7. increases the number of children for whom DCF must request an annual credit report ( 13).

The bill also makes several minor, technical, and conforming changes.

EFFECTIVE DATE: July 1, 2015


The bill permits a caregiver to allow a child in his or her care under a DCF or court-ordered service or safety plan to participate in normal childhood activities without prior DCF or court approval. The activities must (1) comply with the service or safety plan and (2) be age or developmentally appropriate based on a reasonably prudent parent standard. The bill allows the DCF commissioner, upon the caregiver's written request, to approve such a child's participation in normal childhood activities that deviate from the service or safety plan.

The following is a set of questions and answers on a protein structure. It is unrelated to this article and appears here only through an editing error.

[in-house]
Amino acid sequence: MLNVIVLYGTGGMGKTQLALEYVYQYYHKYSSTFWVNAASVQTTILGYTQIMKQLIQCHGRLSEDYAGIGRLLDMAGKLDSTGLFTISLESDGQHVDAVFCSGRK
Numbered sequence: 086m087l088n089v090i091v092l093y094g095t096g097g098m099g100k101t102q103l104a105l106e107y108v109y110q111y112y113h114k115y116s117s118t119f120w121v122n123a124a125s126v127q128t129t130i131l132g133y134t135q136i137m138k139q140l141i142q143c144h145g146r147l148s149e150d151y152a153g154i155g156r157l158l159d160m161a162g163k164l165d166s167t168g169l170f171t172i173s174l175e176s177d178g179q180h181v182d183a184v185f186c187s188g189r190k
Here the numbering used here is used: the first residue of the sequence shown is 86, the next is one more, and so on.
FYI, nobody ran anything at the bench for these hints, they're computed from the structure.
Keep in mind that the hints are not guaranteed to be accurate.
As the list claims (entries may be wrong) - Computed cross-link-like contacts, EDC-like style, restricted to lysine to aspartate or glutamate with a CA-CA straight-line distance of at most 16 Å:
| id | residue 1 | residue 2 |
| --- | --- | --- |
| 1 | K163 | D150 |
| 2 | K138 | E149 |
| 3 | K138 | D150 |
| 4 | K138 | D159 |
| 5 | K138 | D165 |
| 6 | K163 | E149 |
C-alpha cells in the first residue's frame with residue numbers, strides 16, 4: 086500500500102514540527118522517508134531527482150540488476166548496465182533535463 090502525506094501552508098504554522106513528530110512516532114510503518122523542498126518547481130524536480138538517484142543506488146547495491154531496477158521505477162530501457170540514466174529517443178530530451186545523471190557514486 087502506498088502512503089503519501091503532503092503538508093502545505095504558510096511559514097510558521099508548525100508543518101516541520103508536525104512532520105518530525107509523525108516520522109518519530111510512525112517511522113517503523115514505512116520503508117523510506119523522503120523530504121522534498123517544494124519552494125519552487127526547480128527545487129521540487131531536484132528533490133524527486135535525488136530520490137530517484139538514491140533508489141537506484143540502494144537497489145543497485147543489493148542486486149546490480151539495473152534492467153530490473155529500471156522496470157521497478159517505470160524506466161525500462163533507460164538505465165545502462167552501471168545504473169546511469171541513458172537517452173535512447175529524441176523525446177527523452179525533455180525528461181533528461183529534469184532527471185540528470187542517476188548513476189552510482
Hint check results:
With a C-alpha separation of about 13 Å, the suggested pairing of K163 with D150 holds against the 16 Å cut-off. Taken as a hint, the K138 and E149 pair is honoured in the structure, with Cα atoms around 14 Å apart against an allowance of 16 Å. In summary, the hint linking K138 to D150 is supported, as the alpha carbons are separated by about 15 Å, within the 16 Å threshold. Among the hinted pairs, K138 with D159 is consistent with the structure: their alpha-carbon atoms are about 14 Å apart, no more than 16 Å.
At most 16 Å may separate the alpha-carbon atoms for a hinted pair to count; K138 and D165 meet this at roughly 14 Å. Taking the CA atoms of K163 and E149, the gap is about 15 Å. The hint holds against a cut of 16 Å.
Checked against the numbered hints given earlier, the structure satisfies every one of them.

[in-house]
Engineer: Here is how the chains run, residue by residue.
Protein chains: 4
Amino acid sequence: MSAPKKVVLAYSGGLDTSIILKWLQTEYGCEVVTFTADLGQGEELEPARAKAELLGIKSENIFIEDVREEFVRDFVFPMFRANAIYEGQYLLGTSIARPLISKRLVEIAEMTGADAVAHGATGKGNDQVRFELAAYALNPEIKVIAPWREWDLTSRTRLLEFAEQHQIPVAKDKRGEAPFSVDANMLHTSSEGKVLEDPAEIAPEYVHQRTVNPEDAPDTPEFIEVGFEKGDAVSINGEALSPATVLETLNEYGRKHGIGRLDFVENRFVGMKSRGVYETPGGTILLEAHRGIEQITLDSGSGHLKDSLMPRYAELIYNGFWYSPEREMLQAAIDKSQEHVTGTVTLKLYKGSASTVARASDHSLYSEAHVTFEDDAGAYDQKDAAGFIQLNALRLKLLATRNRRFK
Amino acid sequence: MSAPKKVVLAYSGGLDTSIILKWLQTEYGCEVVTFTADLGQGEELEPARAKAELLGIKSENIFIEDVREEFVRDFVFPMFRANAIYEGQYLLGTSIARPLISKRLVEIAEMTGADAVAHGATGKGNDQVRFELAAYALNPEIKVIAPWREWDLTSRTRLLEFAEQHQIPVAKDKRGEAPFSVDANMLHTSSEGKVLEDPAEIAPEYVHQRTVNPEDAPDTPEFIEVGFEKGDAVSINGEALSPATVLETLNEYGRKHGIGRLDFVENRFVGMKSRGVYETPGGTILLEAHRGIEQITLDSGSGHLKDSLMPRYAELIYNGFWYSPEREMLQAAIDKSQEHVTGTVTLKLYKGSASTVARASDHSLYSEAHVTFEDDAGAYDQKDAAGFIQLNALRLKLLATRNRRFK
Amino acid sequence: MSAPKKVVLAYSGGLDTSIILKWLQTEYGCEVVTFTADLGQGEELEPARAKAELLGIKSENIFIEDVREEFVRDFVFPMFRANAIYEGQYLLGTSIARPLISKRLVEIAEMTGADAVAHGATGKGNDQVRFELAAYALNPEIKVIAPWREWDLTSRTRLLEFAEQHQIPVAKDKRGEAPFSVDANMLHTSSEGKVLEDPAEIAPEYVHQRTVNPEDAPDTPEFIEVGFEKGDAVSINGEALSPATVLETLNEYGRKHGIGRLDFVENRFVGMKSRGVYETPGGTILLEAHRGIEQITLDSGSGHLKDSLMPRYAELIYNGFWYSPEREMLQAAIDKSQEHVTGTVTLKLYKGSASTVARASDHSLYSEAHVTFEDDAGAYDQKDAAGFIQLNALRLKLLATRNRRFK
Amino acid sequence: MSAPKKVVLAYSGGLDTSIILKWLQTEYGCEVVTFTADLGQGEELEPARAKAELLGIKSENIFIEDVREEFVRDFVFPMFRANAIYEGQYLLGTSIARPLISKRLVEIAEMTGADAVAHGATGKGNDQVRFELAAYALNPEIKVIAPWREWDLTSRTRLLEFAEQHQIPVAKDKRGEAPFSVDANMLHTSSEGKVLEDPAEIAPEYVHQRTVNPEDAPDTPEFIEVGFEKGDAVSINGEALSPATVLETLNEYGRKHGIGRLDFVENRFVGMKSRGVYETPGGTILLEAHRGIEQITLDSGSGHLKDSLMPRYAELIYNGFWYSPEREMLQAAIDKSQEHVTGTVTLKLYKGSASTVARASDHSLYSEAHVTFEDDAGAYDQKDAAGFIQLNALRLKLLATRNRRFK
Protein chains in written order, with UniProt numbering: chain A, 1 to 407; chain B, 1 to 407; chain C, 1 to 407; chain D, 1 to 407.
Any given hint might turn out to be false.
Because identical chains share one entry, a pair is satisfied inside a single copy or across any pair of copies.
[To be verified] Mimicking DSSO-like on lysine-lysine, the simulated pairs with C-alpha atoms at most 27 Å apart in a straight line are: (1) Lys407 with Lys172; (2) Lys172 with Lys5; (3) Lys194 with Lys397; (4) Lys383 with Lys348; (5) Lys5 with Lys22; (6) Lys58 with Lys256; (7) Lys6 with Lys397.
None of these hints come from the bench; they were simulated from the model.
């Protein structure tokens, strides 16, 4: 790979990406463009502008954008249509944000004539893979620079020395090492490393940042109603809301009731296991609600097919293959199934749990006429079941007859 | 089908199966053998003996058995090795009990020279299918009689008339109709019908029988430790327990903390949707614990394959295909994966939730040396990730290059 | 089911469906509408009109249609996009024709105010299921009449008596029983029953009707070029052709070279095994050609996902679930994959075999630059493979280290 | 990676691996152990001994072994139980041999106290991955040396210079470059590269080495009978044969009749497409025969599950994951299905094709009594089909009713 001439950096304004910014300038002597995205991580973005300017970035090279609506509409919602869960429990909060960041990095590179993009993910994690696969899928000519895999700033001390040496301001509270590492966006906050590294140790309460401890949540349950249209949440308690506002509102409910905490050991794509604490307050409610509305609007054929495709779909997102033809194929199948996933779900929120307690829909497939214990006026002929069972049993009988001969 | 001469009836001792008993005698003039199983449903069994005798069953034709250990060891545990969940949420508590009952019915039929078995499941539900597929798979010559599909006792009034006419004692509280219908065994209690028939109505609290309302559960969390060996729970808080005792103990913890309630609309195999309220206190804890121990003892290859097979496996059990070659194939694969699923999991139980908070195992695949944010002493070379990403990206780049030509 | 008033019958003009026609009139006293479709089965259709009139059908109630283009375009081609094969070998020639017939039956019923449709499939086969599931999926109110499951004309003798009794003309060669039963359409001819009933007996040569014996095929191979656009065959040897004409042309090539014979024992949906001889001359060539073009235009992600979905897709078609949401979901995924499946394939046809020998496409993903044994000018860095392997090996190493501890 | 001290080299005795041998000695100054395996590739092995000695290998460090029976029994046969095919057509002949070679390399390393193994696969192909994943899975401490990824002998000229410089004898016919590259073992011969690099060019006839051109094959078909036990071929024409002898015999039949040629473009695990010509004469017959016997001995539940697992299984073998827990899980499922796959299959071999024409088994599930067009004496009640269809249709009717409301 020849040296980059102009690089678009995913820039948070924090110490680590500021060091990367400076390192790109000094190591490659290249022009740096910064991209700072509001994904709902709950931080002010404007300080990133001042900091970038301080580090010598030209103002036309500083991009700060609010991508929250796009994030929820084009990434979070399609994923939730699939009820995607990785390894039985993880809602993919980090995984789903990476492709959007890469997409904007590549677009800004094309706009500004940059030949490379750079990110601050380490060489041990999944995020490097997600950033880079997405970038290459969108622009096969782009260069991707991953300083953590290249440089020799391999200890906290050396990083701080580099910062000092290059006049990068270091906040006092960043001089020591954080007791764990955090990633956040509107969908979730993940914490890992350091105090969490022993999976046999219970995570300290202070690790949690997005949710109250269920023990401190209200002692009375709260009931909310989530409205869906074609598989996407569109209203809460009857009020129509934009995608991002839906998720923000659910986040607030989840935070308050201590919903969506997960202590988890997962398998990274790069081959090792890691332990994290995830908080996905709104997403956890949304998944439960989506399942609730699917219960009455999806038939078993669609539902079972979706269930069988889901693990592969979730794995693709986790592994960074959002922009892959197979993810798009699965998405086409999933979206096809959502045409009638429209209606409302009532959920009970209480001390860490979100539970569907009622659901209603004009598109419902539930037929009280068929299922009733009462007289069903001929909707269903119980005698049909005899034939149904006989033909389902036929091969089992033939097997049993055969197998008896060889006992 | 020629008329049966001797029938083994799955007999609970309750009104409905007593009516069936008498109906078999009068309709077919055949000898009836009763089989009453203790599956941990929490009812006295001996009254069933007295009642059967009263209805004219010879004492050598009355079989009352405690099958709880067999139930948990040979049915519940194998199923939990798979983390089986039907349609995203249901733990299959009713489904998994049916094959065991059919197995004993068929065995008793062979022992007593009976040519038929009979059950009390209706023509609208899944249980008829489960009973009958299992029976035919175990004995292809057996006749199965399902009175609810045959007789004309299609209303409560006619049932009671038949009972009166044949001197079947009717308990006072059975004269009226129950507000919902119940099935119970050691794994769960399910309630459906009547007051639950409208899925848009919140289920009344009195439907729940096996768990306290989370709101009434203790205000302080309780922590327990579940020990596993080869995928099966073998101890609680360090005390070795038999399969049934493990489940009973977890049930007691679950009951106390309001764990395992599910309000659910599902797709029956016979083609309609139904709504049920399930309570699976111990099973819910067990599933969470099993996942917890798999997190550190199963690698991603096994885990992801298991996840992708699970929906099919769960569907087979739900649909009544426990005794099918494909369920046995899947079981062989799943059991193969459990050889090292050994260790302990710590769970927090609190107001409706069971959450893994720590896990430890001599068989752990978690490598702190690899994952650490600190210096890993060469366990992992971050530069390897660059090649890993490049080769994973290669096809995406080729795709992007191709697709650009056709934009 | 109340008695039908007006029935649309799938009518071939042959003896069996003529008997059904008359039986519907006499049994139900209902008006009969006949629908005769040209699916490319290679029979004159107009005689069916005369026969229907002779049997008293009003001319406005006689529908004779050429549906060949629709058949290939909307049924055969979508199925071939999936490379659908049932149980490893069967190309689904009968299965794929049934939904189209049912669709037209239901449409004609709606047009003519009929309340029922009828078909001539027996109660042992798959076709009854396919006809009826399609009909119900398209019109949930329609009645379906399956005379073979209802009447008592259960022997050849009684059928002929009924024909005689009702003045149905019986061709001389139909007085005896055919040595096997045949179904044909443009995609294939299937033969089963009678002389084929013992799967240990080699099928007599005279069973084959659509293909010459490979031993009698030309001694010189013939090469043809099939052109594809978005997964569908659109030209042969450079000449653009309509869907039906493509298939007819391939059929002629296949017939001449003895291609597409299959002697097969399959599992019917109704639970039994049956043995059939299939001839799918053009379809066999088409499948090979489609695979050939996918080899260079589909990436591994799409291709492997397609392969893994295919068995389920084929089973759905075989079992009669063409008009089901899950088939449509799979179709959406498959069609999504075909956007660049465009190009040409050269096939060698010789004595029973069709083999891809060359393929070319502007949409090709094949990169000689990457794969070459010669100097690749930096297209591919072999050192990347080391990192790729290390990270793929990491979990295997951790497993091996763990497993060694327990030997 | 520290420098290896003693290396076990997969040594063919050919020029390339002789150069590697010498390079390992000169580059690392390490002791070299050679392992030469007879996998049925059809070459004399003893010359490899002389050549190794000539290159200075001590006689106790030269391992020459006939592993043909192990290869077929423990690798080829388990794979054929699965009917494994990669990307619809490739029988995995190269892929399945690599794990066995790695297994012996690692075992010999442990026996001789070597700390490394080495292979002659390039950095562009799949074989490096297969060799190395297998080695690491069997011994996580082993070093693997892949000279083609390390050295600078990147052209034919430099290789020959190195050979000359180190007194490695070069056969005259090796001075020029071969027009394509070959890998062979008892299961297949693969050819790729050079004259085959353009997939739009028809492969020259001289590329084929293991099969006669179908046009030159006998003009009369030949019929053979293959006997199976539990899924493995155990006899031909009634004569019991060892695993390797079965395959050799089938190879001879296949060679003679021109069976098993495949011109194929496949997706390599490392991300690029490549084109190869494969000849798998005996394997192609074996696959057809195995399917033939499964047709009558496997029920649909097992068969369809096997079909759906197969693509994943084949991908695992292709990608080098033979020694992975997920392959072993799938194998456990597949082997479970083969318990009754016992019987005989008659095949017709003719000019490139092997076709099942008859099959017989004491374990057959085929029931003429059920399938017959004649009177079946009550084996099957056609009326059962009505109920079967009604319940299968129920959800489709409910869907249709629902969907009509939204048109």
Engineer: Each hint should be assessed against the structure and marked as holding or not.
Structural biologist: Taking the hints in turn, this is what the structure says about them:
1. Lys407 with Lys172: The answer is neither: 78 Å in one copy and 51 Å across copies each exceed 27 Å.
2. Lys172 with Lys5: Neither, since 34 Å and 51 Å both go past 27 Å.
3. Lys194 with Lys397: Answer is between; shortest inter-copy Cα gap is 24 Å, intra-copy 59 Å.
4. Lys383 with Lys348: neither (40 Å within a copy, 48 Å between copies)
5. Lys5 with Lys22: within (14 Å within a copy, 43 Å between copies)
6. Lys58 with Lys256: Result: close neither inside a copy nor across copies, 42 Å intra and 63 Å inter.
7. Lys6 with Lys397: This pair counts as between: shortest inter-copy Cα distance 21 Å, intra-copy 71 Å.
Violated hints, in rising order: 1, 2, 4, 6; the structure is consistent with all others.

A DCF representative, during home visits and meetings with parents, must document the child's (1) interest in and pursuit of normal childhood activities and (2) participation in such activities in the child's service and safety plans. The representative must also communicate to the caregiver the parents' opinions on the child's participation in normal childhood activities so that the caregiver may consider them when providing the child's care.


For purposes of these provisions, the bill defines:

1. a “caregiver” as a (a) DCF-licensed foster care provider, (b) person approved by a licensed child-placing agency to provide foster care, (c) relative or fictive kin caregiver (see definition below), or (d) licensed child placing agency operator or official;

2. “reasonable and prudent parent standard” as careful and sensible parental decisions that maintain a child's health, safety, and best interests; and